Other indirect costs, such as the purchasing/rent of payment terminals and the cost of fraud, account for 45p of the £1.20. Back-office costs such as invoice reconciliation, chasing payments and running point of sale terminals also accounts for an additional 45p of this £1.20 cost of acceptance. Obviously, Mastercard is not responsible for any of these costs.

American Express

American Express has positioned itself as the champion of small business, primarily through its Small Business Saturday initiative, which celebrates its tenth year in the UK this winter, and its Shop Small campaign, which incentivises and rewards our Cardmembers to spend in participating small businesses.

Historically however shopkeepers have been reluctant to accept American Express because of its higher transaction fees. These are understood to be an average of 1.5 per cent merchant service charge but can range from anywhere between 0.5-3 per cent plus an authorisation fee of 1p-3p. (American Express declined to give specific figures.)

On the other hand, American Express charge card customers tend to rely on them because of Amex’s famous point reward system. Amex’s research shows its customers spend on average almost four times more annually and more than three times more frequently compared to the average credit and charge card user in the UK.

And globally, the number of businesses which accept American Express has more than doubled since 2017 to over 66 million worldwide.

Small businesses have options to accept American Express payment either through a direct relationship or working through payment providers. Many of the major payment providers such as such as Stripe, Square and Zettle will automatically include Amex from the outset, but others will ask the merchant to select Amex as a payment method.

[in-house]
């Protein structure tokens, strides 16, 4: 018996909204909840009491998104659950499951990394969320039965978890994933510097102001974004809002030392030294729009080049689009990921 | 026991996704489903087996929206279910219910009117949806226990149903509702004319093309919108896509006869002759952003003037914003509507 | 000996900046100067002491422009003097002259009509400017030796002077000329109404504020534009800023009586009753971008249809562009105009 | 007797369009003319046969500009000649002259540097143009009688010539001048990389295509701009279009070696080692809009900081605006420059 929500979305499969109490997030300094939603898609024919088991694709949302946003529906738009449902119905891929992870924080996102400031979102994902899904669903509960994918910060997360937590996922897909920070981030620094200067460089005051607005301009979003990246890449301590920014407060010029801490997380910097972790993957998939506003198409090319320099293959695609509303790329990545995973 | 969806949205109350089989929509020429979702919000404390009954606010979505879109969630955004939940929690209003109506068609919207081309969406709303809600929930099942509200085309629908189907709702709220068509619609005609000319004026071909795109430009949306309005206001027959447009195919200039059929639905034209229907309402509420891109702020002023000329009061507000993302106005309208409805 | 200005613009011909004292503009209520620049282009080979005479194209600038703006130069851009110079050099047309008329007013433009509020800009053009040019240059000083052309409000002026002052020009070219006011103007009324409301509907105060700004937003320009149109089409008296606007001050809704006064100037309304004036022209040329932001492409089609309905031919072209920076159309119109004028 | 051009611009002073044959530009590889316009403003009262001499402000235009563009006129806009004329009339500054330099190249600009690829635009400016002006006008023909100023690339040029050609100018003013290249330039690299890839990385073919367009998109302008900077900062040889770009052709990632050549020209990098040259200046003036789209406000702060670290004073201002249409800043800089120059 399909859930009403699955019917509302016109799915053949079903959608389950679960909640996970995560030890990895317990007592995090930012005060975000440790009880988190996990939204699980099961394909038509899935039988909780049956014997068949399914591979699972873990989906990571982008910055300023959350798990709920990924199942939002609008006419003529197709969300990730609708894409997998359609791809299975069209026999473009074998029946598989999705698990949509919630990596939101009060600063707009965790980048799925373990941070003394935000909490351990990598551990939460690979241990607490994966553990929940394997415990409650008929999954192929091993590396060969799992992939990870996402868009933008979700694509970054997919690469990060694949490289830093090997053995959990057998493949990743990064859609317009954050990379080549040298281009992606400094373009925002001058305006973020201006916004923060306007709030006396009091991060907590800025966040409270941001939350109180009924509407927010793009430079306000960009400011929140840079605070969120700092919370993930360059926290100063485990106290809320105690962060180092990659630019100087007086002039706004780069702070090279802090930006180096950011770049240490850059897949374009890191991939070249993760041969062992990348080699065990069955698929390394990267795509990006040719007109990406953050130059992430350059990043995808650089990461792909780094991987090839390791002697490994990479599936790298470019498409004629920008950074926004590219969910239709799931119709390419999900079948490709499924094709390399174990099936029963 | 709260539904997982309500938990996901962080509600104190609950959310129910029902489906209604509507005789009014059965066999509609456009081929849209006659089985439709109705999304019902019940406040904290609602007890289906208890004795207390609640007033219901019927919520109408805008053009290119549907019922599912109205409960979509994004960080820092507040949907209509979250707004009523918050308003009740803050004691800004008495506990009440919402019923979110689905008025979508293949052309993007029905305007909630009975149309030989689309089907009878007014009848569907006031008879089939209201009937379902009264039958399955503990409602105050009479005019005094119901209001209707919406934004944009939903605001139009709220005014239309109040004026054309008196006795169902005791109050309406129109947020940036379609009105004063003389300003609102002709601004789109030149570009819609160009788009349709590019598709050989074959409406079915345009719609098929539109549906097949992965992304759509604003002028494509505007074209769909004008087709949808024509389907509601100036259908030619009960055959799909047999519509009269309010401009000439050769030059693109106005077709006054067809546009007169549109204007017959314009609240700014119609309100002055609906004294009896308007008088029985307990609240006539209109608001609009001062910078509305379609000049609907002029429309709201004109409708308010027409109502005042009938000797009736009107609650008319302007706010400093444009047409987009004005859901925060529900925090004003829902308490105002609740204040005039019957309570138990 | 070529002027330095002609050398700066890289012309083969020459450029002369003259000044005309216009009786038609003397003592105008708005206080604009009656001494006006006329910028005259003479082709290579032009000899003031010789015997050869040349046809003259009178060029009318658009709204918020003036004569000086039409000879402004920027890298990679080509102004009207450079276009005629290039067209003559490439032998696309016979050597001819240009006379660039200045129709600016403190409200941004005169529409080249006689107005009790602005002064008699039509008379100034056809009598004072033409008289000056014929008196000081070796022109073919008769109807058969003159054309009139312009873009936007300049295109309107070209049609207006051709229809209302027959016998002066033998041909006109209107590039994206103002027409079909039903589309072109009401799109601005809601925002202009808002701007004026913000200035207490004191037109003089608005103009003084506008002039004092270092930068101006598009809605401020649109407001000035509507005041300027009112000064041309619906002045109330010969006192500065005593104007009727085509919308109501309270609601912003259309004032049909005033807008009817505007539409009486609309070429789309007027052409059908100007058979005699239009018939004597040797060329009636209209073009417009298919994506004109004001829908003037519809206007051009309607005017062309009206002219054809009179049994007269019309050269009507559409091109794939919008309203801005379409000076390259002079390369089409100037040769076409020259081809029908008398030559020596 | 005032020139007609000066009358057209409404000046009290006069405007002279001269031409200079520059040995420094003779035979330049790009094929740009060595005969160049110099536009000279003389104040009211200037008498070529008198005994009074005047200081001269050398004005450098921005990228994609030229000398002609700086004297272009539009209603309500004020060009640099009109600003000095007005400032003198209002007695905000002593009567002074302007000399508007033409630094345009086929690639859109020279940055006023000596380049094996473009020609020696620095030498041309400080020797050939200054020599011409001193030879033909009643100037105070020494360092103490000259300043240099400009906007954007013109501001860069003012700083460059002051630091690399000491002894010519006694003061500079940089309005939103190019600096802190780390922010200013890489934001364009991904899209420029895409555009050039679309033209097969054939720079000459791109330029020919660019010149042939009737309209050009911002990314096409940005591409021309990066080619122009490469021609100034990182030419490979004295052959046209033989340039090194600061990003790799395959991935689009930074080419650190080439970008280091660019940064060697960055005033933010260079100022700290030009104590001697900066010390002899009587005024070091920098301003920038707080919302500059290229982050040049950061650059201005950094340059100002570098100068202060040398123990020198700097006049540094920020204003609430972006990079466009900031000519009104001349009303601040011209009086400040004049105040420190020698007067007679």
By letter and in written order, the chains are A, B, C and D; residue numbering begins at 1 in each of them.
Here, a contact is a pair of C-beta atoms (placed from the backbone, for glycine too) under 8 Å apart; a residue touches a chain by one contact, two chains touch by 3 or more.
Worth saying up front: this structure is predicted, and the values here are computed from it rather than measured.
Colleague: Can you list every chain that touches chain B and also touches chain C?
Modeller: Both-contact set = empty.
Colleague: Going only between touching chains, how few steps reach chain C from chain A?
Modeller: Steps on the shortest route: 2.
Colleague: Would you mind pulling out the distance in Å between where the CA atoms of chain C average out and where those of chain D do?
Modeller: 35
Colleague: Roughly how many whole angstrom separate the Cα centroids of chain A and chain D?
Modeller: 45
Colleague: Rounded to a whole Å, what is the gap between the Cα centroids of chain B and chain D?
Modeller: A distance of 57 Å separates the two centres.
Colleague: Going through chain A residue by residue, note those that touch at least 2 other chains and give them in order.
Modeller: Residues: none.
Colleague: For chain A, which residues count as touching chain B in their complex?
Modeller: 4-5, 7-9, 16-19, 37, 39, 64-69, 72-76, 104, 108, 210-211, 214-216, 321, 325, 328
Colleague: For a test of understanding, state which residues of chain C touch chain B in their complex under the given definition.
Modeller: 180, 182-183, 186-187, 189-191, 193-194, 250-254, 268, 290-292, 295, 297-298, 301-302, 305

Smartphone wallets

Apple Pay

It’s important to remember that Apple Pay, which has 43.9m users worldwide, is not a bank, payment processor or card issuer.

Instead, it holds your customer’s cards virtually on their iPhone or Apple Watch and adds two-factor authentication via using a PIN, fingerprint or facial recognition.

Apple Pay is accepted wherever contacts payments can be made — a retailer does not need to register with Apple Pay. Customers simply hold their iPhone or Apple Watch near a payment terminal to make a contactless payment. Every Apple Pay purchase is secure because it is authenticated with face ID, touch ID, or device passcode, as well as a one-time unique security code.

Nor does Apple charge shopkeepers, hospitality or other services.

When customers use a credit or debit card with Apple Pay, the actual card numbers are not stored on the device, nor on Apple servers. All payment processing, approval etc is handled by the issuing bank or card issuer. Apple does not see or know what you bought, where you bought it or what you paid.

The UK was the most popular territory for Apple Pay transactions in 2021, with nearly two thirds of people with access to Apple Pay using it at least once in shops or restaurants, according to Statista.

Google Pay

Like Apple Pay, Google Pay is free of charge for businesses to sign up to and doesn’t cost customers anything either.

Google Pay currently has over 25m users worldwide and brands that accept the payment using the app include Shopify, Uber and McDonalds.

How to get set up on Google Pay

More on payment options

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Tim Adler

Tim Adler is group editor of Small Business, Growth Business and Information Age. He is a former commissioning editor at the Daily Telegraph, who has written for the Financial Times, The Times and the...